Technology can only take a hyperlocal marketplace so far. At the end of the day, the success or failure of a marketplace depends on how effective its creators are at getting established merchants to sign up and list their services.
Being unable to attract qualified sellers is one of the biggest obstacles a local marketplace will face. And, as Harvard Business School associate professor Andrei Hagiu described to Street Fight in an interview last summer, it’s an obstacle that many marketplace founders are unprepared to overcome. “If you don’t have buyers, then you’re not going to have sellers, and visa versa. That prevents a lot of marketplaces from getting off the ground,” Hagiu said.
Of course, vendors working in a number of hyperlocal verticals have found ways to overcome these challenges to create thriving local marketplaces. Here are their strategies for successfully onboarding new merchants to a hyperlocal marketplace.
1. Target existing marketplaces. “[Vendors should] target existing marketplaces that already have critical mass, and do this with a better product built to solve the specific challenges they’re having in their current marketplaces. One of our strategies is to target these users with a marketplace platform that was built specifically for marketplace transactions, but also provides the tools they found helpful in the other product.” (Cody Hunter, ShareTown)
2. Align costs with your value proposition. “If you plan to charge suppliers a listing fee, you should have a very high degree of confidence that you’ll be able to drive business to them. If you’re less certain whether a supplier will get business by listing on your site, consider a commission-based approach where they pay only if you drive them business. Also, try to limit the time required for a supplier to signup. If it’s free and easy to signup, suppliers will be more patient.” (Andrew Geant, WyzAnt)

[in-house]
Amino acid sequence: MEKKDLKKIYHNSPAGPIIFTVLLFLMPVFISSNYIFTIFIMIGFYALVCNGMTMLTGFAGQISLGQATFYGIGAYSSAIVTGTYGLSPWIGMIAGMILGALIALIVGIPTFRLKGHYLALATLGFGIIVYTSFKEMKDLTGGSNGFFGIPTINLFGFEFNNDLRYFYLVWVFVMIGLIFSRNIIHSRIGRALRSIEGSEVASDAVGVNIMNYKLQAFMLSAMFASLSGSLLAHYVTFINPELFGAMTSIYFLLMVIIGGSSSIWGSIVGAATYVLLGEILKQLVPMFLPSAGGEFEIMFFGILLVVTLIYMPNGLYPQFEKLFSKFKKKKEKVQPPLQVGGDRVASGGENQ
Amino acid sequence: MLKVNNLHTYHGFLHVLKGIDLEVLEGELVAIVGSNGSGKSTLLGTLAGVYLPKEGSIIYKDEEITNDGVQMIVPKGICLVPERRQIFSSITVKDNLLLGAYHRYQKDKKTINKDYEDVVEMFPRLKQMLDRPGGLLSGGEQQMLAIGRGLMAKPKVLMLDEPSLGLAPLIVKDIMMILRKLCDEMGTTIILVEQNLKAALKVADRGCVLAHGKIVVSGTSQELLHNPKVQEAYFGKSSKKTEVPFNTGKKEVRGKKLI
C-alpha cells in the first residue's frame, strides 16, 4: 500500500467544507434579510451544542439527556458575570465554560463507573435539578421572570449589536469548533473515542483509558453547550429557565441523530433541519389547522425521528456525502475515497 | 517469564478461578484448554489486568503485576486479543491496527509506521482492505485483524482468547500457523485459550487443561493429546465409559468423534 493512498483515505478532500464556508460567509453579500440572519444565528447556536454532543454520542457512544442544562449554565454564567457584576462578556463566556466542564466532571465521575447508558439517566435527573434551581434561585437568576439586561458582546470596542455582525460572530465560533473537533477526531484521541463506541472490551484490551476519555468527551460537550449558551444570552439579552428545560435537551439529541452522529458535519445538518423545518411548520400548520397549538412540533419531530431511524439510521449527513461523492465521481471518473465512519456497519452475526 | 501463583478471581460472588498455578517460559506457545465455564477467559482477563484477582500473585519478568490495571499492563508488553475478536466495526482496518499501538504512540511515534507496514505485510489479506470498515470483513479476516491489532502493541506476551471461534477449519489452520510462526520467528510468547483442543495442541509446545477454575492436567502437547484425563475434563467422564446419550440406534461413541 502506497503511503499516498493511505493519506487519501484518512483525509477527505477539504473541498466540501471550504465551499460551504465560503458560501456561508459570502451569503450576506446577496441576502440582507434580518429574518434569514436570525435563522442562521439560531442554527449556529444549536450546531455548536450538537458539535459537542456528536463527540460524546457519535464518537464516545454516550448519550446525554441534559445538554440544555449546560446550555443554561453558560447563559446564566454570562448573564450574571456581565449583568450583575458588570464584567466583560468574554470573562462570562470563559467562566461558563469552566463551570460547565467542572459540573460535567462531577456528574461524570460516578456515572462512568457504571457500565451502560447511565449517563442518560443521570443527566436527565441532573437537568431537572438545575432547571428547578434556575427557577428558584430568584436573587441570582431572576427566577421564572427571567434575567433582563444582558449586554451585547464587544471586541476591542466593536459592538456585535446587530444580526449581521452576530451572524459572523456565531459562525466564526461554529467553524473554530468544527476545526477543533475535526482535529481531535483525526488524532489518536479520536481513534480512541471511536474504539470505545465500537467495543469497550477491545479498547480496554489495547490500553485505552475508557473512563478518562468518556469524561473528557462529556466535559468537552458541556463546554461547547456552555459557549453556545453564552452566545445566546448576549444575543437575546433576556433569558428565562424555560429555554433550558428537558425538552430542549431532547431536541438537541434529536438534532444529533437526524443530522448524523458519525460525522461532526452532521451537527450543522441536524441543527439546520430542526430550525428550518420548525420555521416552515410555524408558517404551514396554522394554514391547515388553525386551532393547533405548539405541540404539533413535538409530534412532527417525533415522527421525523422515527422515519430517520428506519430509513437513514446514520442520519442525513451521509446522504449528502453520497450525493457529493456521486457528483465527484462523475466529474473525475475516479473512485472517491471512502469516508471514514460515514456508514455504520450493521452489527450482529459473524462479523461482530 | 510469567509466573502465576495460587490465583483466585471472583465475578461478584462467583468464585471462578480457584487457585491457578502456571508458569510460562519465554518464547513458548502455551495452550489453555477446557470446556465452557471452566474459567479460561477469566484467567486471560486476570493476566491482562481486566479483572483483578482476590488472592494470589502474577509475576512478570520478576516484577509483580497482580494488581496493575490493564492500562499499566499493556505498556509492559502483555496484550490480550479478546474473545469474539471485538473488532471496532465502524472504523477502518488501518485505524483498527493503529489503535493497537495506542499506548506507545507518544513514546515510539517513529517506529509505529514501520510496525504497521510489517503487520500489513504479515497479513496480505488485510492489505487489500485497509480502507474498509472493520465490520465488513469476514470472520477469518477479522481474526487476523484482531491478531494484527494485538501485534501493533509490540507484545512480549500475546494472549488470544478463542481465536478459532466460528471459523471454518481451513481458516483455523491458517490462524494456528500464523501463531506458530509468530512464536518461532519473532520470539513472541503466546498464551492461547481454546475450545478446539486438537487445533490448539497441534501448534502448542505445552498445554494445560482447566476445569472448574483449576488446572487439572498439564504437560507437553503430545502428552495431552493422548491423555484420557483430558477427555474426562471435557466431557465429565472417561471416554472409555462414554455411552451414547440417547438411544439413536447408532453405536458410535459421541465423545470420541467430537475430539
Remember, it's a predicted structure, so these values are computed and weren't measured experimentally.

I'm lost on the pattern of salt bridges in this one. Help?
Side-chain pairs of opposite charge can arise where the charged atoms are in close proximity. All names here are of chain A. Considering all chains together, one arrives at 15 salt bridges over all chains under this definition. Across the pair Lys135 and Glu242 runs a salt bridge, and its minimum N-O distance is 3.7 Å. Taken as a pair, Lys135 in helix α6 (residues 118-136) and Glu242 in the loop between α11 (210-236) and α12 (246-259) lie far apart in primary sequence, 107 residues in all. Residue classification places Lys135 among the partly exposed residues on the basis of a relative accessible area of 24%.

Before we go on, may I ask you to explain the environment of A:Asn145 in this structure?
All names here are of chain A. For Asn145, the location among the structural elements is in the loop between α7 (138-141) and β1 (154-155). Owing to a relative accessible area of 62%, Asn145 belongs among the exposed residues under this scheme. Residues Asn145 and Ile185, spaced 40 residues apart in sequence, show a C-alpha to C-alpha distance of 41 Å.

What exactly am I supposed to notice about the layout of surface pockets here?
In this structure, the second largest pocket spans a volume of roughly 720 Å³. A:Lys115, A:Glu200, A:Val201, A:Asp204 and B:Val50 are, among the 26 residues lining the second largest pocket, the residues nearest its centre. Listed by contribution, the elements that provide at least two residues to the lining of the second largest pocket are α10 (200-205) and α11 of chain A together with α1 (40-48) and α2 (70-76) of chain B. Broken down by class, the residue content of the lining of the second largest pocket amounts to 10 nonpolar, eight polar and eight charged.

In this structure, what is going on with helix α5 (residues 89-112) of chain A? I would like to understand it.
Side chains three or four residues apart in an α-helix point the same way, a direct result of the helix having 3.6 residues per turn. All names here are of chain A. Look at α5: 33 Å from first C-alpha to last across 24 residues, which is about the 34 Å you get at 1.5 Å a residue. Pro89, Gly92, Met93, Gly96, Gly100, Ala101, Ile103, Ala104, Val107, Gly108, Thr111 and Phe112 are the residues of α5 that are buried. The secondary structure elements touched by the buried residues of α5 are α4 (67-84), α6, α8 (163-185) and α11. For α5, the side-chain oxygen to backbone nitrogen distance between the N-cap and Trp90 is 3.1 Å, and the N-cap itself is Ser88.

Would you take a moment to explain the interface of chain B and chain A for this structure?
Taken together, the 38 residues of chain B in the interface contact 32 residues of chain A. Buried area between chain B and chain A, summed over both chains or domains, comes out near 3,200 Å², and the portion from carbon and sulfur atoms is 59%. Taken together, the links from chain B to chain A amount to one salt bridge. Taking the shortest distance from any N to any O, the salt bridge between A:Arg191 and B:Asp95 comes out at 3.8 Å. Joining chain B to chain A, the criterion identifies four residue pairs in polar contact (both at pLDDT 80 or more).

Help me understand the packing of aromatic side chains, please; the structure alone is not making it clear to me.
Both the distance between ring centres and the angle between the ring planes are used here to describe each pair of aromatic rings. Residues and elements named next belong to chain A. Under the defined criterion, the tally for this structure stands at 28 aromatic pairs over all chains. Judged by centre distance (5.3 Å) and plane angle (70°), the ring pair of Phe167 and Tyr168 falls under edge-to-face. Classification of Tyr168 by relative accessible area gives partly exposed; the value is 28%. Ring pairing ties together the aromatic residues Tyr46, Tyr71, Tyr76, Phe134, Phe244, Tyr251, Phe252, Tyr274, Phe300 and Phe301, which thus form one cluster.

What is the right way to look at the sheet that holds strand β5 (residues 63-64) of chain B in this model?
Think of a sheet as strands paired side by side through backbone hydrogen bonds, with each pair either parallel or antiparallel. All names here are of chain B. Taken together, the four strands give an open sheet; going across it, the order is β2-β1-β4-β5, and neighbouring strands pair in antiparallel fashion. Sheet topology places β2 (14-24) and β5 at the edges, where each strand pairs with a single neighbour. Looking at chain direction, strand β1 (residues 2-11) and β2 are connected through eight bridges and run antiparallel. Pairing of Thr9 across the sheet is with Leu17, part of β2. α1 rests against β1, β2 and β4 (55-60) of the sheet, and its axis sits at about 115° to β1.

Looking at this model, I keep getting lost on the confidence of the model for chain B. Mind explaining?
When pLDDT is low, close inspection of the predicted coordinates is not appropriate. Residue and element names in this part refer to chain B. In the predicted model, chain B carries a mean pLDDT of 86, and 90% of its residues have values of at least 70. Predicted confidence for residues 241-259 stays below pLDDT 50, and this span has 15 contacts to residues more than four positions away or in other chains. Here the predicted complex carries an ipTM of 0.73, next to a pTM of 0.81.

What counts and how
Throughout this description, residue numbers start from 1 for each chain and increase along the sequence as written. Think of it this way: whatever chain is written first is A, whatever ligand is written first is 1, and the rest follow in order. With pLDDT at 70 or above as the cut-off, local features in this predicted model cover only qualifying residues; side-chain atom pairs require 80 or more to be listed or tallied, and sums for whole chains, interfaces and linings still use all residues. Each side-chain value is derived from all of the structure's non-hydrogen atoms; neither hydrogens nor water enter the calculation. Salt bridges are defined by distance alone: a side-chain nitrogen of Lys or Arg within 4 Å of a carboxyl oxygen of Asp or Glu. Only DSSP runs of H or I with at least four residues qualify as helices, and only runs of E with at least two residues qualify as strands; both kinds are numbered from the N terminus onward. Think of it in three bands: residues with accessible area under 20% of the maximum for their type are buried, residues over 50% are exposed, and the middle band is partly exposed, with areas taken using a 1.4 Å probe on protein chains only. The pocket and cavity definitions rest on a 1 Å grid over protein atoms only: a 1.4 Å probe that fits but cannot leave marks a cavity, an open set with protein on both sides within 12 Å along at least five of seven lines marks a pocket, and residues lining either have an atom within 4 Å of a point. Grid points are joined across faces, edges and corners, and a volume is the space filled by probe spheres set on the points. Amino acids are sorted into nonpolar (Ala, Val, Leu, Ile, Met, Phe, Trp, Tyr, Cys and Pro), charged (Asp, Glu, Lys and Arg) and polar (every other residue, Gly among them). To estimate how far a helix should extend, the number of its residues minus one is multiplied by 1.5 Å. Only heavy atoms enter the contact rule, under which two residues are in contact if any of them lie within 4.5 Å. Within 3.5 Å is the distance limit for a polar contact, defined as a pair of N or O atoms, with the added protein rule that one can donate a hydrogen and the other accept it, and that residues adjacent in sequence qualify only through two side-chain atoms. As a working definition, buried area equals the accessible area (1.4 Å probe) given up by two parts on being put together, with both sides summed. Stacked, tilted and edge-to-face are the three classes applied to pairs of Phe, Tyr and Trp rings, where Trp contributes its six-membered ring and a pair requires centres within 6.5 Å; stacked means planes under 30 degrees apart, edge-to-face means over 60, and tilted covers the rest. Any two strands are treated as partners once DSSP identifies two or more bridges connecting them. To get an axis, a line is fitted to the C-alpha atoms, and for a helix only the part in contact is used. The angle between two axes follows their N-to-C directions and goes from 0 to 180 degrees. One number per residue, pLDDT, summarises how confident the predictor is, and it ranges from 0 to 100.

3. Deliver more than transactions. “Marketplaces should offer tools that allow merchants to manage their interactions with customers beyond the initial ‘match.’ At TakeLessons, we deliver a portfolio of tools that our instructors leverage for schedule management, communications, billing and payment processing. Our value proposition is a balance between customer acquisition and relationship management tools that allow our merchants—instructors—to maximize their opportunity with every student.” (Chris Waldron, TakeLessons)
4. Promote DIY tools. “Ads on HelpAroundTown.com are really easy to set up. They are also easy to edit and can be changed at any time. Merchants are always surprised to have their ad at their disposal, available at any time, and changeable as often as they want. It’s a totally novel concept for them. They’re not used to that power and control, but you see their interest catch and the idea gets planted when you talk with them.” (Reem Yared, HelpAroundTown)
5. Leverage early adopters. “Create evangelists from early adopters who have seen success on your platform and leverage those testimonials to their fullest. The best way to get new merchants excited about a marketplace is for them to witness the excitement of their peers. Methodically extract proof points and socialize the impact you’re making in the lives of merchants who joined early.” (Chris Waldron, TakeLessons)
6. Demand begets supply. “In many marketplaces, it’s more difficult to generate demand than supply. If you can aggregate demand, you can then promote it to potential merchants and they will sign up in droves.” (Andrew Geant, WyzAnt)
Interviews have been edited for length and clarity.
Stephanie Miles is a senior editor at Street Fight.